Building on its rich tradition of community outreach‚ Kennesaw State University has acquired the Bartow County homestead of renowned Georgia author and World War I correspondent Corra Harris.
On Nov. 10‚ the Board of Regents of the University System of Georgia voted to accept as a gift "In the Valley‚" a 56−acre homestead just north of Cartersville‚ Ga.‚ on behalf of KSU.
"This is an extraordinary opportunity for the university‚" said Catherine Lewis‚ associate professor of history and coordinator of the public history program at KSU. "With good planning and strong partnerships‚ KSU will work to stabilize‚ preserve and interpret the site for citizens throughout Georgia and the Southeast."
Cartersville business leader and preservationist Jodie Hill donated "In the Valley" to the university. Hill purchased the property in 1996 to preserve Harris' legacy.
"The property had been sitting there for more than 60 years‚" Hill recalled. "I learned that a farmer was going to buy it‚ tear down everything and build chicken houses‚ so I just bought it to save it. I didn't know what to expect‚ but it was the right decision."
Harris (1869−1935) was a noted Georgia author and wrote 250 articles and short stories and 20 books‚ including the best−selling novel "A Circuit Rider's Wife‚" upon which the 1951 movie "I'd Climb the Highest Mountain" is based. She also was the first female war correspondent during World War I.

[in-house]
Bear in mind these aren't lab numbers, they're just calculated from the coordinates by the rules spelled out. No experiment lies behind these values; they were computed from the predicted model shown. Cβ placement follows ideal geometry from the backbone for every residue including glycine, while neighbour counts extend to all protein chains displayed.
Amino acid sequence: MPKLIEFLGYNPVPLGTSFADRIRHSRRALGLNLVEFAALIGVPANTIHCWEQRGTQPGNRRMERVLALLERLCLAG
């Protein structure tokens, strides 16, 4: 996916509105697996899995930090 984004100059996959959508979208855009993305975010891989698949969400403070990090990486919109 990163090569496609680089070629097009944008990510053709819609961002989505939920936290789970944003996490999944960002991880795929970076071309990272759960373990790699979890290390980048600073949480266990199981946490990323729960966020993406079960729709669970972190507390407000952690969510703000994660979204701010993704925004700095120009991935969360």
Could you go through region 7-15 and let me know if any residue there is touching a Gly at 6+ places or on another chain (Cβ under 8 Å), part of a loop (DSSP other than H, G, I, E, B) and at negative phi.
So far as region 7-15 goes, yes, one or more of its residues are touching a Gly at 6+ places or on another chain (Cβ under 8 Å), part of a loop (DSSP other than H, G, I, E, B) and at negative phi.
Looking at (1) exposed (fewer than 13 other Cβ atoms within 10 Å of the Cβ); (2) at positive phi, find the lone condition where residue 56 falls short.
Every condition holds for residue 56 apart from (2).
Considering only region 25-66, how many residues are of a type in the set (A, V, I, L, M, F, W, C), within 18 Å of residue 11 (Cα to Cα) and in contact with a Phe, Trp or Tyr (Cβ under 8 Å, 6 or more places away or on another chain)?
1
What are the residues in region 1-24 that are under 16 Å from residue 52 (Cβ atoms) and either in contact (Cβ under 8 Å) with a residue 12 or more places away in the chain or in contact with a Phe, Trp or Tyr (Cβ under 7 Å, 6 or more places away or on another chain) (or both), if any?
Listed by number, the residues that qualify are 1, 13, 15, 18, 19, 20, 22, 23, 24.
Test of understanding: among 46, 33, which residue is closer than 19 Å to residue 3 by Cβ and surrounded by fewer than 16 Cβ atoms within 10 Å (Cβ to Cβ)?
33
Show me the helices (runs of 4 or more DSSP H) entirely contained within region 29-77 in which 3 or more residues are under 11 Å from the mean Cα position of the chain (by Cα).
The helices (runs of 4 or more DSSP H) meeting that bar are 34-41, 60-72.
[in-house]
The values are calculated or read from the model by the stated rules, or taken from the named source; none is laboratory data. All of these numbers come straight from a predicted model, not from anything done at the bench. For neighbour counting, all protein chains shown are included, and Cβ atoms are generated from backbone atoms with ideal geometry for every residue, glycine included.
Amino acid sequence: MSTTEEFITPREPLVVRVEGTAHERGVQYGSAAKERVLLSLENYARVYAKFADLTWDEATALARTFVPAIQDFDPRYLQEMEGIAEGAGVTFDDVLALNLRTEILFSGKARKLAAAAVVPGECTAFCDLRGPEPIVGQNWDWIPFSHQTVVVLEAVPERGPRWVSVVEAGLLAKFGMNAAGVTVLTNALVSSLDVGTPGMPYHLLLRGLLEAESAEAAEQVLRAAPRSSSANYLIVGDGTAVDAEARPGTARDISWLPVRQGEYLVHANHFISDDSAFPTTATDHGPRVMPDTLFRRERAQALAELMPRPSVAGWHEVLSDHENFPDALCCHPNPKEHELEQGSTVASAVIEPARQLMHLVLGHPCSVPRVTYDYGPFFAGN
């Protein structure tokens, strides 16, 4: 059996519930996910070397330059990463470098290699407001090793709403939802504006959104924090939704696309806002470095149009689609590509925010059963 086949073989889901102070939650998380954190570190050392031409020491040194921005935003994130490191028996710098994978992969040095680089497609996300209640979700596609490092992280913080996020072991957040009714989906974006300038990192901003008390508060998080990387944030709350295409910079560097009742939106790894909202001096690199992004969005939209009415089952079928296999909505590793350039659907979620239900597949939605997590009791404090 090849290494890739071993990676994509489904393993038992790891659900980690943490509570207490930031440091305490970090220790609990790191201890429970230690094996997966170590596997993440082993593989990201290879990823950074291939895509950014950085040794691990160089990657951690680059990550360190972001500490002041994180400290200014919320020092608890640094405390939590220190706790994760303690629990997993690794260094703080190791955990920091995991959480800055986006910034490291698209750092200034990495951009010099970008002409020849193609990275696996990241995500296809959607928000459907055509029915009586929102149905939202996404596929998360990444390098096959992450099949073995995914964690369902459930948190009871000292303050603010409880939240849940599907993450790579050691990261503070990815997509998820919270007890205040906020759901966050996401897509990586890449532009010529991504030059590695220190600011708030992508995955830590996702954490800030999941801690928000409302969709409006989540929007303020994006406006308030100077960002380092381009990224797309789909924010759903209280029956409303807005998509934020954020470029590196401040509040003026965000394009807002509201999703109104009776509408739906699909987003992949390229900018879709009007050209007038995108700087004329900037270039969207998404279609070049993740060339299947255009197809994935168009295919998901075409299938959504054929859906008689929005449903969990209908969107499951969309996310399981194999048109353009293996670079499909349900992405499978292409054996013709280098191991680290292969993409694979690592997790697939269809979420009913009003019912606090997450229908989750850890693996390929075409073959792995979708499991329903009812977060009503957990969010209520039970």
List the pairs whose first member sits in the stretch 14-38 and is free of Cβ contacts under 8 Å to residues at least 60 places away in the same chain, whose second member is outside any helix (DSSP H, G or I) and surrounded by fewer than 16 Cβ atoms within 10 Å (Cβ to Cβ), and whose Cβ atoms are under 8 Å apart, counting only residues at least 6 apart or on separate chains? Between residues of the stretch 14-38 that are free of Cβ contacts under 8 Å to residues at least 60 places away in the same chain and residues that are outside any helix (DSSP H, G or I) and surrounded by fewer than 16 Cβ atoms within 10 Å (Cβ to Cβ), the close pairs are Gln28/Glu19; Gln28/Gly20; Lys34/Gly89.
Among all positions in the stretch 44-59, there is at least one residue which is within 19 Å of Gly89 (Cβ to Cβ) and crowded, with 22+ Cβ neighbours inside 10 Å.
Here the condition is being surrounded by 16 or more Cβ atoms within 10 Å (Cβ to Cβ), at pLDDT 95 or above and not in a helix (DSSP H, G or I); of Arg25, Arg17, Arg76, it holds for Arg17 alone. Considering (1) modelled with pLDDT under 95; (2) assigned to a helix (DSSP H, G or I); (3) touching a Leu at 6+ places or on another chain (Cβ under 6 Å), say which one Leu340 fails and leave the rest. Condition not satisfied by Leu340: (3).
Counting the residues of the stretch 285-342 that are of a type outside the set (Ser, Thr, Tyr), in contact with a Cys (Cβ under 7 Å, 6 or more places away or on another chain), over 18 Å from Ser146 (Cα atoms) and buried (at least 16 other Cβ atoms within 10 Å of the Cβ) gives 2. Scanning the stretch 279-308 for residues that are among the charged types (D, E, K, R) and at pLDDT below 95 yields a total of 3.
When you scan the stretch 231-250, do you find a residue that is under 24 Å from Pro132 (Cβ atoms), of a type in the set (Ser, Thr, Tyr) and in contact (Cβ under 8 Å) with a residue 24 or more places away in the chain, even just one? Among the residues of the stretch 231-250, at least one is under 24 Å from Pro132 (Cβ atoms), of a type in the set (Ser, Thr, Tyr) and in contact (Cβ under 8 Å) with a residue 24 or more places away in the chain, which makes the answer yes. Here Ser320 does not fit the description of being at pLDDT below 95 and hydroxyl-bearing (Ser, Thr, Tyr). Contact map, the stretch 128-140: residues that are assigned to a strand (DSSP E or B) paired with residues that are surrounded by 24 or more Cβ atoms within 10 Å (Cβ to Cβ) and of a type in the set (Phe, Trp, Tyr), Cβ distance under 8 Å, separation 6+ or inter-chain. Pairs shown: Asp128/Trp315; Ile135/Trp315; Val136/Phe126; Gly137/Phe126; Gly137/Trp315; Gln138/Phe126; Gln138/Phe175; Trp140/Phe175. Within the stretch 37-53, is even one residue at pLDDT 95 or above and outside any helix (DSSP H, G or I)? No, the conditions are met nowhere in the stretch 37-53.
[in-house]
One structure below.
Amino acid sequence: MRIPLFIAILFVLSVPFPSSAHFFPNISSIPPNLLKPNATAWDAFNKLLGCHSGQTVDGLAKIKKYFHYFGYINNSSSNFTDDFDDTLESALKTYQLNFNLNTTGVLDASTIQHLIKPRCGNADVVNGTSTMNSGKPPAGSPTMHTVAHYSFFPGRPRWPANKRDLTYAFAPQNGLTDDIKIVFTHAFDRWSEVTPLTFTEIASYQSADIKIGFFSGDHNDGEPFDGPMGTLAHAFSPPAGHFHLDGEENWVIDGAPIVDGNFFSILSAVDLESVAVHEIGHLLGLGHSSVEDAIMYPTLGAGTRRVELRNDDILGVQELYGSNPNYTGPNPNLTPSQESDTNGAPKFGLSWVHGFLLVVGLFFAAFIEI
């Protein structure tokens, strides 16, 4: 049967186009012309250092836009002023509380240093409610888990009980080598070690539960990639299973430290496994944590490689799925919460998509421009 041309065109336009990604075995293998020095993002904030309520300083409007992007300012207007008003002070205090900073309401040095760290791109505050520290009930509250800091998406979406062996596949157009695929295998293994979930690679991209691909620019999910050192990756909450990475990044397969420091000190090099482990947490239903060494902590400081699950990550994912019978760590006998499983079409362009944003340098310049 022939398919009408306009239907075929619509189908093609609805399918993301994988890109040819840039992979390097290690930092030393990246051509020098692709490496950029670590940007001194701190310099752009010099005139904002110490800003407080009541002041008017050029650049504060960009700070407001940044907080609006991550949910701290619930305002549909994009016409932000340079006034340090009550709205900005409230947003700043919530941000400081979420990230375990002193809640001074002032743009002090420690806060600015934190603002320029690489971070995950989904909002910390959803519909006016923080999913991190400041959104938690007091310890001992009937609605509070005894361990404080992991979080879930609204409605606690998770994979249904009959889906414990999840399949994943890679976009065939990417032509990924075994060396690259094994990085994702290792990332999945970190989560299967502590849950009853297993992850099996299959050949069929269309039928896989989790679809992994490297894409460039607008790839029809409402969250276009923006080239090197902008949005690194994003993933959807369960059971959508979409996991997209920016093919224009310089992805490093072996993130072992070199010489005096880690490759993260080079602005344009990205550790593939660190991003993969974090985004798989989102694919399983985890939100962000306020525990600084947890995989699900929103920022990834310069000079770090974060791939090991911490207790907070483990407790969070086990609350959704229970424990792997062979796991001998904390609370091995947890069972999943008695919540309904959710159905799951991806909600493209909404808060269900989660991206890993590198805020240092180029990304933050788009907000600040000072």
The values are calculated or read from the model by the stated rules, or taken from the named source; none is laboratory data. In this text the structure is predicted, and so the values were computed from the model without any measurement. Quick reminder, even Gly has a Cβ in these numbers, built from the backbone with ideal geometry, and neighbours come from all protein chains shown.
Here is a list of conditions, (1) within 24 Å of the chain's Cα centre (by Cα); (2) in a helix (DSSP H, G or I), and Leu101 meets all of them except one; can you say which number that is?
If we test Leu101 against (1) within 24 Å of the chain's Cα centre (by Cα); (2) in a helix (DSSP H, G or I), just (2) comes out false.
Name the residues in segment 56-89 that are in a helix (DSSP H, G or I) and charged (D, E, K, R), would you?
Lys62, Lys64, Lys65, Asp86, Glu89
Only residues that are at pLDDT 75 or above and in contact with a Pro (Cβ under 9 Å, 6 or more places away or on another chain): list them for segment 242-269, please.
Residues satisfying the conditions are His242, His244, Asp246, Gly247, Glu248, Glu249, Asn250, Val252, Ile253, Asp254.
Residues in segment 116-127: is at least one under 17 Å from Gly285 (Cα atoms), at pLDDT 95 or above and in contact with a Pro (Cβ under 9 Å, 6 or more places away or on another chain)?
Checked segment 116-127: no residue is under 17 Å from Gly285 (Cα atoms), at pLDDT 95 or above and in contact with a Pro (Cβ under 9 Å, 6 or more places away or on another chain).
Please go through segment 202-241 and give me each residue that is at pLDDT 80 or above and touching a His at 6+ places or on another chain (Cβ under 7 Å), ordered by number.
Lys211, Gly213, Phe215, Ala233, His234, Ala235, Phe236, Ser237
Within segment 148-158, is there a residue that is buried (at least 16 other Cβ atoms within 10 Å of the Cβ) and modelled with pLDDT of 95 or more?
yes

The historic homestead on Harris’ farm is actually two homes in one and contains the original one−room log cabin built in 1820 by Chief Pine Log. The remainder of the home includes original furniture and primitive tools used during the early 1900s. There is also a modest fieldstone chapel that overlooks the valley. Under the floor of the chapel is Harris' grave. Other buildings on the property include a spring house‚ a carriage house‚ several barns‚ a smokehouse and a library.
KSU officials hope students will gain valuable research and field experience by examining the archaeological‚ environmental‚ and social and literary history of the site.
"We have a rich tradition of serving the community through public history outreach‚" said KSU President Daniel S. Papp. "KSU's Museum of History and Holocaust Education attracts more than 35‚000 visitors annually; the Center for Regional History and Culture regularly hosts symposia and public programs in the community; and the Public History Certificate Program trains undergraduate students to become museum and preservation professionals. KSU has expert staff and faculty who have worked for many years in these fields. We also have faculty involved in environmental studies and biology that will have an opportunity to use the site as a field school."
The university also plans to host guided tours for K−12 public and home−schooled students‚ as well as community groups‚ youth clubs and other organizations. Students and student organizations will likely engage in service−learning projects on the property‚ in addition to the property serving as a retreat‚ conference and research center for the university and the surrounding community.
"KSU is excited about this opportunity to continue to expand our reach and public service‚" Lewis said.